5.4 The pursuit of legitimacy
Social institutions affect which actions are seen as legitimate. As we make decisions in organisations it is common to be concerned not just with economic outcomes but also with ‘legitimacy ’: ‘How will this decision be seen by X ’?; ‘Does this fit the way things are done around here?’; ‘What would happen if the press got hold of this?’; and so on.
Some of this can be quite unconscious; the conceptual frameworks and notions of cause and effect that are available to decision-makers to reason with are largely socially determined. This can operate at different levels – national, industry, firm, team, and so on. For example, at the industry level some researchers have looked at the way in which cognitive communities develop. These are networks of firms whose managers share cognitive schema: core ideas about how the industry works, cause-and-effect relationships, and what constitutes reasonable conduct. These ideas simplify and constrain the ways in which managers within a group identify competitors and customers, and reason about competitive strategy. Box 3 describes some of this research.
Box 3: Cognitive communities in the knitwear industry
Porac et al. (1989) studied the shared mental models of managers in the Scottish knitwear industry. They found that managers in this industry shared core assumptions about customers and competitors and informal ‘rules’ about legitimate behaviour. These shared assumptions were reinforced by the informal networks and ties that existed between managers. For example, competition on price was frowned upon and firms competed mainly on the basis of design, service and quality. There was also a high level of consensus that their products were aimed at the top income group (although this seemed based on little actual market research).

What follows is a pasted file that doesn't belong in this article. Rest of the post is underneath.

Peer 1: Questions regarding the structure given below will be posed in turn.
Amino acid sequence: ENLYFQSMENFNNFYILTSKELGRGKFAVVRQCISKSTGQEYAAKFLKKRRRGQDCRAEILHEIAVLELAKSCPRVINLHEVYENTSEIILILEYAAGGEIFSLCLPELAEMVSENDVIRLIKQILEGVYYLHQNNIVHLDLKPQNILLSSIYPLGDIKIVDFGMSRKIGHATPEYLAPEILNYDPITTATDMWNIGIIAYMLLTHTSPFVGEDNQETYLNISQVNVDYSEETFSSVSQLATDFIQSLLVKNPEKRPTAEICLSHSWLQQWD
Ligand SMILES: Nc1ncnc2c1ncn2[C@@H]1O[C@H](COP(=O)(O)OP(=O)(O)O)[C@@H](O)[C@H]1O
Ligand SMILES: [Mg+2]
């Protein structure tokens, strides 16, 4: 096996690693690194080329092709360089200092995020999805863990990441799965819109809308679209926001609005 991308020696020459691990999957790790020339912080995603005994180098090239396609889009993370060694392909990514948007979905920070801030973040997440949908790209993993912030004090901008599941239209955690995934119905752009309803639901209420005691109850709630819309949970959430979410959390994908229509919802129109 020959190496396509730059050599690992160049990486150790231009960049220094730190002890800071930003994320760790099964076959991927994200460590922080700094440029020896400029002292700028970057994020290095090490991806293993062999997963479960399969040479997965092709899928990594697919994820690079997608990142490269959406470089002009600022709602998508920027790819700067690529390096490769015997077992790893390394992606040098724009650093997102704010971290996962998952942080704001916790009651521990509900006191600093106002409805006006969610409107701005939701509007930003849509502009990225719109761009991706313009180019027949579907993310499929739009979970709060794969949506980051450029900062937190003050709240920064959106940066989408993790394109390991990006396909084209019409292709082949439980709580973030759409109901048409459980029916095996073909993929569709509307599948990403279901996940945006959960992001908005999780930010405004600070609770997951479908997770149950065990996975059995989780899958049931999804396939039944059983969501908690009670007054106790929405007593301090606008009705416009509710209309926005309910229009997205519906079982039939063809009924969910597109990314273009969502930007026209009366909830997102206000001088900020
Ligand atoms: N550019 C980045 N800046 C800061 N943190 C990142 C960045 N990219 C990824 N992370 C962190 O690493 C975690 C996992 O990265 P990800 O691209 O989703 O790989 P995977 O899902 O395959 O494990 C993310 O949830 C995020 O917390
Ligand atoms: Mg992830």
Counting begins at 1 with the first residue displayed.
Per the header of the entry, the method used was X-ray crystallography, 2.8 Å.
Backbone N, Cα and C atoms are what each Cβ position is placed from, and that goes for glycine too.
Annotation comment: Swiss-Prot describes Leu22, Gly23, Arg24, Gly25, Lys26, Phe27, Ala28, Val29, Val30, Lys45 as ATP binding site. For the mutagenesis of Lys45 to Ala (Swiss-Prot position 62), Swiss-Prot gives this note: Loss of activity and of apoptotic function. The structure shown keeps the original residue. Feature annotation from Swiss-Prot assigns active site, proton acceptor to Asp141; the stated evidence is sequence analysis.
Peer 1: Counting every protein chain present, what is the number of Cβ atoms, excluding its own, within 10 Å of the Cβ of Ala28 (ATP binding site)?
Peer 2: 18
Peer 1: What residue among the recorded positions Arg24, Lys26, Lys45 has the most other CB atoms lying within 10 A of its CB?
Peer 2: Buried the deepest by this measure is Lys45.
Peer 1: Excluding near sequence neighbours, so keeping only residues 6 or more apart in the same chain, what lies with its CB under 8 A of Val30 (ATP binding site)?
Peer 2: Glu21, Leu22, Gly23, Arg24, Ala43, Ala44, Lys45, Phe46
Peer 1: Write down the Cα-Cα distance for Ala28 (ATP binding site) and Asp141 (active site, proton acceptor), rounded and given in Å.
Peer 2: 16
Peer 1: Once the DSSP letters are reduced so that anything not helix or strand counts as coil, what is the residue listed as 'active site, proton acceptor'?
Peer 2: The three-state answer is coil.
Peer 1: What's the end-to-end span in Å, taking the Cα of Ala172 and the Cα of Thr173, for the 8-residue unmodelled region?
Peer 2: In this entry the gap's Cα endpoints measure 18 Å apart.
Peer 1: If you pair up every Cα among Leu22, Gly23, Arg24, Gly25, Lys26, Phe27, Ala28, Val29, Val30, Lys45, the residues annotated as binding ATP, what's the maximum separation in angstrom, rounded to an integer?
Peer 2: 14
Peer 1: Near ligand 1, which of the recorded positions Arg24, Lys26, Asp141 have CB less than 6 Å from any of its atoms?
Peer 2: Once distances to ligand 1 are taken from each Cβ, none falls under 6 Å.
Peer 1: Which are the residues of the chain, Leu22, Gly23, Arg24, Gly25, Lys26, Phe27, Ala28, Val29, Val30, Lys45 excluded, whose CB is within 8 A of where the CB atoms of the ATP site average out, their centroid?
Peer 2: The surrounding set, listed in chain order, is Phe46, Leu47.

While senior managers often like to think that they are driven by the rational pursuit of economic success, there is evidence that some of the drivers for their behaviour have more to do with social legitimacy: Box 4 illustrates this.
Box 4: Legitimacy and popular management techniques
Barry Staw and Lisa Epstein (2000) carried out a study of the adoption of popular management techniques, such as quality and team-based initiatives in top US firms. They found that adoption of such techniques was not associated with increased economic performance. However, the techniques were associated with more positive firm reputation among top executives in other firms (Fortune's ‘Most admired company’ survey) and higher remuneration for the firm's chief executive officer (CEO). They concluded that CEOs are motivated to adopt such practices not because they are economically optimal for the firm, but because they are seen as highly legitimate management practices, which reassure company stakeholders and offer signals about the CEO's competence to compensation decision makers.